Washington (CNN) -- Oil giant BP and contractor Halliburton knew of potential flaws in the cement slurry used to reinforce the oil well below the Deepwater Horizon rig before it exploded in April, according to a letter Thursday from the lead investigator for a federal probe of the Gulf oil disaster.
The letter from Fred Bartlit Jr. to the National Commission on the BP Deepwater Horizon Oil Spill and Offshore Drilling said that tests in February on a cement slurry similar to what was used on the Macondo well showed instability -- and that both companies had the data.
According to Bartlit's letter, the cement was poured to stabilize the well on April 19 and 20. The 20th was the day of the explosion on the Deepwater Horizon rig above the well that killed 11 workers and caused the worst oil spill in U.S. history.
"Halliburton and BP both had results in March showing that a very similar foam slurry design to the one actually pumped at the Macondo well would be unstable, but neither acted upon that data," the letter said.
"Halliburton (and perhaps BP) should have considered redesigning the foam slurry before pumping it at the Macondo well," the letter continued.
The news caused Halliburton stock to drop in value by almost 8 percent by the end of trading Thursday, to $31.68 a share. U.S. Rep. Edward Markey, D-Massachusetts, called for the oil spill commission to get full subpoena power, and for BP CEO Bob Dudley to agree to testify before Congress.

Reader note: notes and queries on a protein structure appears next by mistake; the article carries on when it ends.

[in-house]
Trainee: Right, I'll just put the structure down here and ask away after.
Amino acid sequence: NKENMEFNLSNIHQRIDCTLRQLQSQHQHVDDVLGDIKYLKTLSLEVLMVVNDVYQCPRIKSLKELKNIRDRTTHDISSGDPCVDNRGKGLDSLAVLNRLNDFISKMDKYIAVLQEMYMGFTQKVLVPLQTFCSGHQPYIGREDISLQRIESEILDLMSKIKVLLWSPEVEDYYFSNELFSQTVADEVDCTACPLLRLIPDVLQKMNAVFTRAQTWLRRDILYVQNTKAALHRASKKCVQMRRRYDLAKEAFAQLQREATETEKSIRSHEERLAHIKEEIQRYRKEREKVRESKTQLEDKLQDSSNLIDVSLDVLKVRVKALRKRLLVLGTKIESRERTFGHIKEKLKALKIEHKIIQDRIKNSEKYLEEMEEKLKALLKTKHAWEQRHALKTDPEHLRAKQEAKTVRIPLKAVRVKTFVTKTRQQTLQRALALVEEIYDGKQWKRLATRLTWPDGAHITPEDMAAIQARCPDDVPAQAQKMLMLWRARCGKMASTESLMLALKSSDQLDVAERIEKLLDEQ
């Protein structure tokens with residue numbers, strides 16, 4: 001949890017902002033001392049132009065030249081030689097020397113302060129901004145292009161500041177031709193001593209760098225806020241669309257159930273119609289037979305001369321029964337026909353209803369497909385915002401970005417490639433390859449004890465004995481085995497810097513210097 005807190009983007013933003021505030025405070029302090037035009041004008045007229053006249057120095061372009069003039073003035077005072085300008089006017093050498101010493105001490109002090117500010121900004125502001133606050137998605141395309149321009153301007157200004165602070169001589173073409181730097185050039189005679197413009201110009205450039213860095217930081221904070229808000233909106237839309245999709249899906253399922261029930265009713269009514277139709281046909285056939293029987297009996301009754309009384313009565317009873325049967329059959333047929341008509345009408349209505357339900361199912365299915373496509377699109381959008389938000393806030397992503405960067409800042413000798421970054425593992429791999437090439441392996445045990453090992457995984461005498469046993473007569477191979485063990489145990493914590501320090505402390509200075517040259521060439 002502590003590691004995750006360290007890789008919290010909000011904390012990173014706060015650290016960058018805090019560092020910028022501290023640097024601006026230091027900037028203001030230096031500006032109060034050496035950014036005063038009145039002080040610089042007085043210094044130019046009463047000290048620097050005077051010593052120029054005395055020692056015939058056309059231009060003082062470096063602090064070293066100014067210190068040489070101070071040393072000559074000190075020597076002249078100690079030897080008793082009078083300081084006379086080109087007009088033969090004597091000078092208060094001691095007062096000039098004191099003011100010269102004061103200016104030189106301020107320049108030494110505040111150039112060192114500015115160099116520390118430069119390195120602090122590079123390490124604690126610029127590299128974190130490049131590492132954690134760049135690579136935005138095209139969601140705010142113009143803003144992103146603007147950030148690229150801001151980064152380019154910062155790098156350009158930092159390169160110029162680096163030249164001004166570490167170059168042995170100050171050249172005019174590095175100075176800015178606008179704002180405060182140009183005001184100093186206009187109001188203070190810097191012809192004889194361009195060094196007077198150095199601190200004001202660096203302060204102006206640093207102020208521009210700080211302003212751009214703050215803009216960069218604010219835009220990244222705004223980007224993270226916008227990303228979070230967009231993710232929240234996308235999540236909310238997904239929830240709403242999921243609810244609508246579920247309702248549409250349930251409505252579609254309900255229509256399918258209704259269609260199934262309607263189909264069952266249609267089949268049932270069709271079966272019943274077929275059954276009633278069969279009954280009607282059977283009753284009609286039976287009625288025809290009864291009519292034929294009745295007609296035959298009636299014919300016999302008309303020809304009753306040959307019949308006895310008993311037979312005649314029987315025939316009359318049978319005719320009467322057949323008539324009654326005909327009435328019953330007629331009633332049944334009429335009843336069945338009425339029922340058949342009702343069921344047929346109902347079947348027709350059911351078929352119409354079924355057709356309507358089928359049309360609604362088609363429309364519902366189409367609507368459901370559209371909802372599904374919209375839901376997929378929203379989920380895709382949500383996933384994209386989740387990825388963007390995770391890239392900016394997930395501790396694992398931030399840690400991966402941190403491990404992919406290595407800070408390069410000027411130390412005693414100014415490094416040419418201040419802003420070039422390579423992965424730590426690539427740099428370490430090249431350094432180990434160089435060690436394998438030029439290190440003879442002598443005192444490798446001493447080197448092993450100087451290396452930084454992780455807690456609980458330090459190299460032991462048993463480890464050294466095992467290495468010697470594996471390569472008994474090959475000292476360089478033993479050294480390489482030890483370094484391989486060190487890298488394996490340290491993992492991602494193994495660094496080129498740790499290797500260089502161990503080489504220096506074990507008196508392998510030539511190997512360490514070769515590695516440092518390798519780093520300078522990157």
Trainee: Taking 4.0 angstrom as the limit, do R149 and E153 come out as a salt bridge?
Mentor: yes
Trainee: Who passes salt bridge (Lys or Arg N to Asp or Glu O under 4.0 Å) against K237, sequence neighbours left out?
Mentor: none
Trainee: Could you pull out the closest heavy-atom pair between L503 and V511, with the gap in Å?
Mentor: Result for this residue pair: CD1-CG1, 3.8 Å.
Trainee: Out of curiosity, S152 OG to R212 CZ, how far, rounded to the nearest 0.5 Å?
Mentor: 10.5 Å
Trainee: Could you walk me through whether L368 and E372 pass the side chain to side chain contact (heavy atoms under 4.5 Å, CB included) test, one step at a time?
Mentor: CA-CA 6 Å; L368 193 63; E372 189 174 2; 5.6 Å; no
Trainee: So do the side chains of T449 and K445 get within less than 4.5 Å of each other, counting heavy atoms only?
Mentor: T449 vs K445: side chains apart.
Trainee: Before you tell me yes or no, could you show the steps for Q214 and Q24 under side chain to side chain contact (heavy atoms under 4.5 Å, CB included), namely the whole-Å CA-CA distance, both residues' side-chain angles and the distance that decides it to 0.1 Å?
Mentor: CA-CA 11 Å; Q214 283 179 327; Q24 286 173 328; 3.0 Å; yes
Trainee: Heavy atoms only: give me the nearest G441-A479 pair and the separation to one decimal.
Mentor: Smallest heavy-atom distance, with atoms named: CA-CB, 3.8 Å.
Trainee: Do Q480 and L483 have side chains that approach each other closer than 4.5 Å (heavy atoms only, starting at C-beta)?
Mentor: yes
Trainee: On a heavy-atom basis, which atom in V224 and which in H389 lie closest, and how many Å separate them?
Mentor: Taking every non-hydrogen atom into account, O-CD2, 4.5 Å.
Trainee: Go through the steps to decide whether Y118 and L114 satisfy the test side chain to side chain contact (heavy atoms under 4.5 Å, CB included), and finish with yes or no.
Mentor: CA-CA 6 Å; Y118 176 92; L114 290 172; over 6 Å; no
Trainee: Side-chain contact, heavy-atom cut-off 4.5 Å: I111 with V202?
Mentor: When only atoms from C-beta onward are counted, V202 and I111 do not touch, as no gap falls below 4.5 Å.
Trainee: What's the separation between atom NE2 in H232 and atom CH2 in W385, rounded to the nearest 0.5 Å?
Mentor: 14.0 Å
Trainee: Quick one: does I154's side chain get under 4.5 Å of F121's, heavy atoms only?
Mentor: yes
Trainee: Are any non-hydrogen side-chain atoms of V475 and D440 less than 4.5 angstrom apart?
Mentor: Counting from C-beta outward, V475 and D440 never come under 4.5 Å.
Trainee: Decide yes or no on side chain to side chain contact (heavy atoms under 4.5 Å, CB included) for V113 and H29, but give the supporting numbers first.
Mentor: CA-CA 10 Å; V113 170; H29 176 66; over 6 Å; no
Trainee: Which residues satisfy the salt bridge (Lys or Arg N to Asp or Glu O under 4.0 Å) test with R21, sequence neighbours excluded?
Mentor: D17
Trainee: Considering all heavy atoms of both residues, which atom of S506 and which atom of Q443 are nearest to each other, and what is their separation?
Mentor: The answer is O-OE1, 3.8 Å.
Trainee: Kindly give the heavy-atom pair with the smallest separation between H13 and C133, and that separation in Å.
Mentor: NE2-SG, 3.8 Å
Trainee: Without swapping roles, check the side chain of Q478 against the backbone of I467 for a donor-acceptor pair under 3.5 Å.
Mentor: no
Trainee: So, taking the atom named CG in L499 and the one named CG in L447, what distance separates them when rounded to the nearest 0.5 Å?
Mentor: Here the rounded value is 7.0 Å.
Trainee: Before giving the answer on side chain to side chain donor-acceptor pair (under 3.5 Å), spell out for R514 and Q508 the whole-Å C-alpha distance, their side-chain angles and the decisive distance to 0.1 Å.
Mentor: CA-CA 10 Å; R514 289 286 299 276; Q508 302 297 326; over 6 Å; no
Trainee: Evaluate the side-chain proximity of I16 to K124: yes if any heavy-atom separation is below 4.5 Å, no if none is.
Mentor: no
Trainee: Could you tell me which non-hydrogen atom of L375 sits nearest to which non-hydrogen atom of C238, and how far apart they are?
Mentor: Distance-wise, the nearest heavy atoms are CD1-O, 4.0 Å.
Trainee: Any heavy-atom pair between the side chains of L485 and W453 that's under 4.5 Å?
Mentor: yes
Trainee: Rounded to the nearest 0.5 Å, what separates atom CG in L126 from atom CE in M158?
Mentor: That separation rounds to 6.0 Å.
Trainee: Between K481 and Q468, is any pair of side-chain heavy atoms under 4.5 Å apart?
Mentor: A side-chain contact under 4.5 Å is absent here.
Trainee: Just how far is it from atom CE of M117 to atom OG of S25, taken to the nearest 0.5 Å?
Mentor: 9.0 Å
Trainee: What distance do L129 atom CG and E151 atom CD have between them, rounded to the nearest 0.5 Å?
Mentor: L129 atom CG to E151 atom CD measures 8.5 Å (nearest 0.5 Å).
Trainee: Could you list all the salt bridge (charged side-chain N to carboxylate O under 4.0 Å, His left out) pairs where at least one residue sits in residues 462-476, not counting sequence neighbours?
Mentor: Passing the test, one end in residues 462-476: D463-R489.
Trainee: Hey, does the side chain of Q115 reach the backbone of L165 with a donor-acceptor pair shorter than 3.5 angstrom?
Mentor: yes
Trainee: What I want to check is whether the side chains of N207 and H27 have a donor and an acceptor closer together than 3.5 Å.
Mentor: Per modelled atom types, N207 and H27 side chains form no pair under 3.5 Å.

"The fact that BP and Halliburton knew this cement job could fail only solidifies their liability and responsibility for this disaster," Markey said in a written statement. "This is like building a car when you know the brakes could fail, but you sell the cars anyway."
In a report on the incident issued by BP on September 8, the company admitted that "weaknesses in cement design and testing, quality assurance and risk assessment" contributed to the explosion, but put the blame fully on Halliburton. Halliburton responded to the report by saying that it had noticed "a number of substantial omissions and inaccuracies."